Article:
I love that you gave a bit of explanation;
    poems are born with distinct personalities
    and needs
    and callings
    and, much like with children,
    our care for and interaction with them
    can’t be over-generalized:)
    (some are shyer and harder to get
    to know than others but oh so
    worth the effort)

  • lori Says:

    I often don’t like to explain either, but sometimes it is necessary. I don’t think you’ve taken anything away by explaining. I think you’ve only enhanced the strong piece for us. That whole last part is crazy-good 🙂

  • Kate Says:

    I liked that you explained it. It’s an interesting story that tells how the words just came into your head. Wish I had that talent.

  • Sharp Little Pencil Says:

    The simple cry, “Too late,” says it all. I saw a buffalo in the cloud, and that was before I read the section mentioning Wilma Mankiller. This is a poignant reminder, for me, of how poorly we are doing with this land we stole from indigenous peoples. Found you on dverse, glad I did!
    Amy Barlow Liberatore

  • Marcie Says:

    Amazing what inspires us…and how we interpret the stories we hear. Wonderfully creative!

  • blackswanpoetry Says:

    Strong piece and nice images…

  • Truly Says:

    I like the Native American-Mother Earth connection. And the empty mind seeing only 2 words rings true. Sometimes minds become obsessed with something and that’s all they can see.
    I do like reading the writer’s explanation after I have read the poem. My interpretation has already been made by then.

  • C Rose Says:

    The background serves this piece well, and your words a beautiful insight into Wilma. Great write ~ Rose

  • Marbles in My Pocket Says:

    I like yours, but as for explaining mine, it depends. I like to think most poems I write are simple and straight forward–like me–but once in awhile I dive off into something that needs explaining, and I have no problem with it. I’ve always kind of chuckled thinking about people years from now analyzing and discussing the “deep” meanings of my writings. Like we did with the greaat poets in high school, you know? I can see some rednck farm boy in the back saying, Ah thank he meant sumbuddy died and he went to the fune-ral; ‘ats all.” And he’d be right. (Hey! You asked!)

  • Jingle Says:

    amazing one, superb melody.

  • beth Says:

    what. explain my poetry. but then i’d have to kill you 🙂
    and honestly, i totally see a person in those clouds…she has her head sticking out, a ponytail and broad shoulders…and i think she’s ready to take on the world.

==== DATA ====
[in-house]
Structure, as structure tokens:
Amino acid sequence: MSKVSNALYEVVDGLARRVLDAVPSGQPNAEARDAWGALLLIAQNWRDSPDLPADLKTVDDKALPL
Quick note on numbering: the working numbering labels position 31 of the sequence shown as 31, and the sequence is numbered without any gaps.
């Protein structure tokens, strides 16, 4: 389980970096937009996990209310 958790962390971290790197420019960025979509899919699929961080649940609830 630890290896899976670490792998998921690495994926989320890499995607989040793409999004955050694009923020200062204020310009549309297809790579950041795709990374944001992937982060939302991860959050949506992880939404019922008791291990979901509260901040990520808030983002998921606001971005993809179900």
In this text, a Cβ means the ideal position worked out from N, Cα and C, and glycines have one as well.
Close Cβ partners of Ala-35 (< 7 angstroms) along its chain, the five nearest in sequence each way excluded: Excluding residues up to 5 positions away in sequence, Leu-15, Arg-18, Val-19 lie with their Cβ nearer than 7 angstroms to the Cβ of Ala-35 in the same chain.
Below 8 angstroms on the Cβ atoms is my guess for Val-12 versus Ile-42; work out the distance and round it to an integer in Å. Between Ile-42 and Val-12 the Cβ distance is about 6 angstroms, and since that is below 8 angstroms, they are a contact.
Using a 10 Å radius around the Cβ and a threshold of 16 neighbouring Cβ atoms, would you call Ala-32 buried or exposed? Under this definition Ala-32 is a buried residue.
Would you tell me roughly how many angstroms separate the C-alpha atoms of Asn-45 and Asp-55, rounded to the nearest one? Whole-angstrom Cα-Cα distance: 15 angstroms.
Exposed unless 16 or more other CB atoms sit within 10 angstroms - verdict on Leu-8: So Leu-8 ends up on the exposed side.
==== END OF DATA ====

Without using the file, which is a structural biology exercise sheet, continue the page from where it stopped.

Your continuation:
• Martin Lochner Says:

    my mind sits
    in a bowl


    reduce your amount of words
    increase your meaning
    i think you achieved this!

  • Bodhirose Says:

    I really appreciated you adding an explanation–then how would we know about Wilma Mankiller and she being the first female chief of the Cherokee Nation–fascinating!

    I lovely tribute to her and the feelings and images evoked as you learned about her. Very nicely done.

    Gayle ~

  • Jo Bryant Says:

    I love the poem – adding the explanation gave it life for me

  • Amy Says:

    This is such an amazing poem. I love the words–I don’t need an explanation to love the poem, to feel like it opens up my heart, opens up new realms for me to explore. On the other hand, I know that I don’t like when someone misinterprets what I have written, poem or fiction. If they see something that is there that I didn’t intend or that I did subconsciously–that’s wonderful–but I don’t like when someone says, “Oh this is obviously about *this*” when that was nowhere in my mind when I wrote it, and nowhere in the poem that I can see. I don’t know… maybe this is a prejudice left over from too many college lit classes. So I have mixed feelings about explaining poetry. On the one hand, I’m happy to explain mine so that it doesn’t get misinterpreted (although I don’t think I’ve ever offered it outright, either), but when reading other people’s poetry I am often quite content without knowing for sure what they mean.

  • Joel Says:

    Powerful message. Lovely poem.

  • Noel Says:

    I like that you included the explanation here, and I do think sometimes it really adds something. I had never heard of her before, so now I can look her up!

    On first read, this poem made me think of all the insane weather we’re having, and global warming, and people fighting about whether it actually exists or not …”too late, too late.”

  • Leckeres für Mensch und Katze - Goodies for a pleasant life Says:

    All over very beautiful pictures. If you like join us on PicStory* 🙂 LG Tina

  • Harry Nicholson Says:

    Hello Kelly, I came here to say a belated thanks for visiting and commenting on ‘Canna’. I’m glad I did and came across this poem and your explanation. When I hear the name Cherokee, I feel a sort of weeping within.